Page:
Ripple seeks to work proactively with Congress and regulators on smart regulation
Ripple’s Head of Public Policy Susan Friedman states that many entities in the crypto space, including Ripple, seek to work proactively with Congress and regulators on smart regulation – for a digital asset space that both fosters innovation and protects consumers.
Many folks within crypto (@Ripple included) are looking to work proactively with Congress and regulators on smart regulation for the digital asset space that both fosters innovation and protects consumers. This isn’t the “Wild West.”
— Susan Friedman (@ss_friedman) March 1, 2022
The Ripple exec says this while noting that the cryptocurrency sector ”isn’t wild west” as it is often claimed to be. In late September 2021, SEC Chair Gary Gensler – while arguing for greater oversight of crypto – called the sector the “Wild West” when he testified before the U.S. Senate.
Ripple is in the middle of a lawsuit with the SEC as the agency accused Ripple and two top executives of conducting an unregistered offering of $1.3 billion in XRP between 2013 and 2020.
The court’s “biggest decision in the Lawsuit,” according to Cryptolaw founder John Deaton, is around the corner. The SEC is currently arguing the DPP ruling by asking for reconsideration while claiming that the ”Estabrook notes” are privileged.
Over the weekend, Ripple and the individual defendants filed their opposition to the SEC’s motion for partial reconsideration and clarification of Judge Netburn’s DPP ruling.
Updates in Ripple SEC case
The latest update in the lawsuit has Ripple co-defendant Brad Garlinghouse filing a response to the SEC’s opposition to an earlier motion from Ripple seeking the disclosure of ”Estabrook notes” taken during a Nov. 9, 2018, meeting between former SEC Commissioner Elad Roisman and the Ripple CEO.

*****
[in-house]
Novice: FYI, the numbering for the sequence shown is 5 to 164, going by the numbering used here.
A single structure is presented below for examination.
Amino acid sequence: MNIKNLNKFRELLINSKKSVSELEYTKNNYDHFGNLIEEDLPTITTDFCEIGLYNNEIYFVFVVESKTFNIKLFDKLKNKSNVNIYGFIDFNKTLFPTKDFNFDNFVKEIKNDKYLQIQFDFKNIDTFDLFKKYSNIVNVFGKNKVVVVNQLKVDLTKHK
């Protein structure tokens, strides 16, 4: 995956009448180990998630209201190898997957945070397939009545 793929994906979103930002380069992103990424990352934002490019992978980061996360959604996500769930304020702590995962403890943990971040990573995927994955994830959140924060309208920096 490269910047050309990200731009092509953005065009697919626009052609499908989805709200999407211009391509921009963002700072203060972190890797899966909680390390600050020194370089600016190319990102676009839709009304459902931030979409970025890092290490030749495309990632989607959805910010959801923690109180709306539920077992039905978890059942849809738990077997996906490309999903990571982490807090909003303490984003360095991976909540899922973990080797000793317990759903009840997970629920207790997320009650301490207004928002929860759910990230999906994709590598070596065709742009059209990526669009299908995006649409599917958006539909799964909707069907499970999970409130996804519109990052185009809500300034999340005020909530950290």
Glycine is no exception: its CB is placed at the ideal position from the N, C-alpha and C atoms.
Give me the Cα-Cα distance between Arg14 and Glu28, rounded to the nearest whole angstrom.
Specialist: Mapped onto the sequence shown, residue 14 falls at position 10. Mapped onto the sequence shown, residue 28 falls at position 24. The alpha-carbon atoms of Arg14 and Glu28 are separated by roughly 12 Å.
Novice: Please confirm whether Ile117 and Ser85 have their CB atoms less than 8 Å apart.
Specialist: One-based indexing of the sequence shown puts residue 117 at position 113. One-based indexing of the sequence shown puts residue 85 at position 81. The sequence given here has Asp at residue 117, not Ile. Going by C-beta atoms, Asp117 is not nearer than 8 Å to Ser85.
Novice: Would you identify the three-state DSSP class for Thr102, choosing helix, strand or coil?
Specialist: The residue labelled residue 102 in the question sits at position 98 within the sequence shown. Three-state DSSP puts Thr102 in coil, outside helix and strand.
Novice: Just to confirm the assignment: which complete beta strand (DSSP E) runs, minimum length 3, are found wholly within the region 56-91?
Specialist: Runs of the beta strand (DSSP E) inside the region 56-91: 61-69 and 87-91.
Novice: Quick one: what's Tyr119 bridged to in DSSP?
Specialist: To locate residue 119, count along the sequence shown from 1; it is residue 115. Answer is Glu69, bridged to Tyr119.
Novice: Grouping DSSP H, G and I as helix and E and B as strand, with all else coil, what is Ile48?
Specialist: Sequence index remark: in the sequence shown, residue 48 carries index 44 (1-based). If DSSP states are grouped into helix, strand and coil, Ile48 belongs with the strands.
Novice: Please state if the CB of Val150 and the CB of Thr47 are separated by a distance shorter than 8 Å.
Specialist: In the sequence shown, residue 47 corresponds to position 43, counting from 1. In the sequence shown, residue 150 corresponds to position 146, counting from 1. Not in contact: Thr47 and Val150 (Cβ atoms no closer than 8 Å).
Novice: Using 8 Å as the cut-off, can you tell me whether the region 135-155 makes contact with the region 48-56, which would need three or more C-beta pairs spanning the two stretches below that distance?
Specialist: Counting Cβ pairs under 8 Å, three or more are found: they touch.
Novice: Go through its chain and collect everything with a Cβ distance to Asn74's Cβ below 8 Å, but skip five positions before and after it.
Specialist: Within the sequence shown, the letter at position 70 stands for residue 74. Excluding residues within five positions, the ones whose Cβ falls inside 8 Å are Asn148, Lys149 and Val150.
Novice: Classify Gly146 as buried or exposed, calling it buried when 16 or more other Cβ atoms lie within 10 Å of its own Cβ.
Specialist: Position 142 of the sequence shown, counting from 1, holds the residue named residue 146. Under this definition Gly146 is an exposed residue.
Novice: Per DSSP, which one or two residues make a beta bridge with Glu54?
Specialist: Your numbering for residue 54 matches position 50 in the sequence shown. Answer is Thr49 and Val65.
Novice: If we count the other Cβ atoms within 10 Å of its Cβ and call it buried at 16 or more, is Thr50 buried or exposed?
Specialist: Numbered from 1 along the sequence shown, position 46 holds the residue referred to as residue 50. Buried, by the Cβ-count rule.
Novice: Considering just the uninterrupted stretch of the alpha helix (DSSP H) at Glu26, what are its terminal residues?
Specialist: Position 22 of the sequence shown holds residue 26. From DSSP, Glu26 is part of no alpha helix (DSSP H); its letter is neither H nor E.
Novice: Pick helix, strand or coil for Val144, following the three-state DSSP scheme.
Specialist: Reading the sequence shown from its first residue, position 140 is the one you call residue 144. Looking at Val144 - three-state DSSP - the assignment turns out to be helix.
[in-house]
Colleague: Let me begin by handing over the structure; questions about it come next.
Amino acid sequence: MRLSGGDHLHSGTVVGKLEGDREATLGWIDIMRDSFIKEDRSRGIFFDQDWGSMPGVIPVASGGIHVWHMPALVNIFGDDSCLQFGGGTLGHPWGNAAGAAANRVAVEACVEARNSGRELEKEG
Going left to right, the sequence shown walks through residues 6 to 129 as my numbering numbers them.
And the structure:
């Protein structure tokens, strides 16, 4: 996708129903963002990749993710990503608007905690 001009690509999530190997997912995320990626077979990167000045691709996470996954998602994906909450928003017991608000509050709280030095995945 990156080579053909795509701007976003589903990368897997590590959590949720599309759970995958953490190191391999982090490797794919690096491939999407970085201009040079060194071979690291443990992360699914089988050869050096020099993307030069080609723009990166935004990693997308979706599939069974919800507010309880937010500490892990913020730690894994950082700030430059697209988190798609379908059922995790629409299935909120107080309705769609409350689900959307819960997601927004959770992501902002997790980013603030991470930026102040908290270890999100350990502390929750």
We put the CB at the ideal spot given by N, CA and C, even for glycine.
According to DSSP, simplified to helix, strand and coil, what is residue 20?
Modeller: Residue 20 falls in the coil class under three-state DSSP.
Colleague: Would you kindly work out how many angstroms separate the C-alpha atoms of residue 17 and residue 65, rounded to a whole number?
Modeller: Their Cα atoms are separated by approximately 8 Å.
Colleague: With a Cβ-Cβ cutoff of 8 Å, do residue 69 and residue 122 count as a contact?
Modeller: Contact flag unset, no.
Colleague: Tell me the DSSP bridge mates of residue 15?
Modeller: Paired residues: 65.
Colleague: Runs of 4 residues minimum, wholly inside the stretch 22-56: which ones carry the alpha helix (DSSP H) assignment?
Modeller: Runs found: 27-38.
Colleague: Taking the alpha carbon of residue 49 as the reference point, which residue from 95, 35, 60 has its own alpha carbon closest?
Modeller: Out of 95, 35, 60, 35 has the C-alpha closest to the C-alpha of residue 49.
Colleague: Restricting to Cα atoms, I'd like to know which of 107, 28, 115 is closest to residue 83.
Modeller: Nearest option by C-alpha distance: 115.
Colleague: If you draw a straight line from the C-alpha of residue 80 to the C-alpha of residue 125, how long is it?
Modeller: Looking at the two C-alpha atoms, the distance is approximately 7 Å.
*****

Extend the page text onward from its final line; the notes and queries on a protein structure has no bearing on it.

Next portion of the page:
Cryptolaw founder John Deaton believes these notes, if produced, might bolster Ripple’s case against the SEC. They may corroborate the Ripple CEO, Brad Garlinghouse, who left the 2018 meeting feeling confident that ongoing sales of XRP were not those of unregistered securities, Deaton says.
Yes, a one hour settlement discussion happened a couple of months ago.
It didn’t settle which means that the next most likely settlement time would be at mediation (see arrow below) which will be hosted by the one and only JUDGE NETBURN who has seen ALL the documents in camera. pic.twitter.com/yDARTALdaf
— Jeremy Hogan (@attorneyjeremy1) March 1, 2022
Attorney Jeremy Hogan, a partner at the Hogan & Hogan law firm, recently posted a document outlining a few rules that the SEC and Ripple might follow, including a settlement meeting 14 days after fact discovery is completed. The XRP community-friendly attorney provided his thoughts on the Ripple case in a series of tweets.
He notes that Judge Sarah Netburn, who has seen all of the documents on camera, hosting the mediation might work to Ripple’s advantage.
Jeremy Hogan stated that he believes a settlement might be reached in April or May.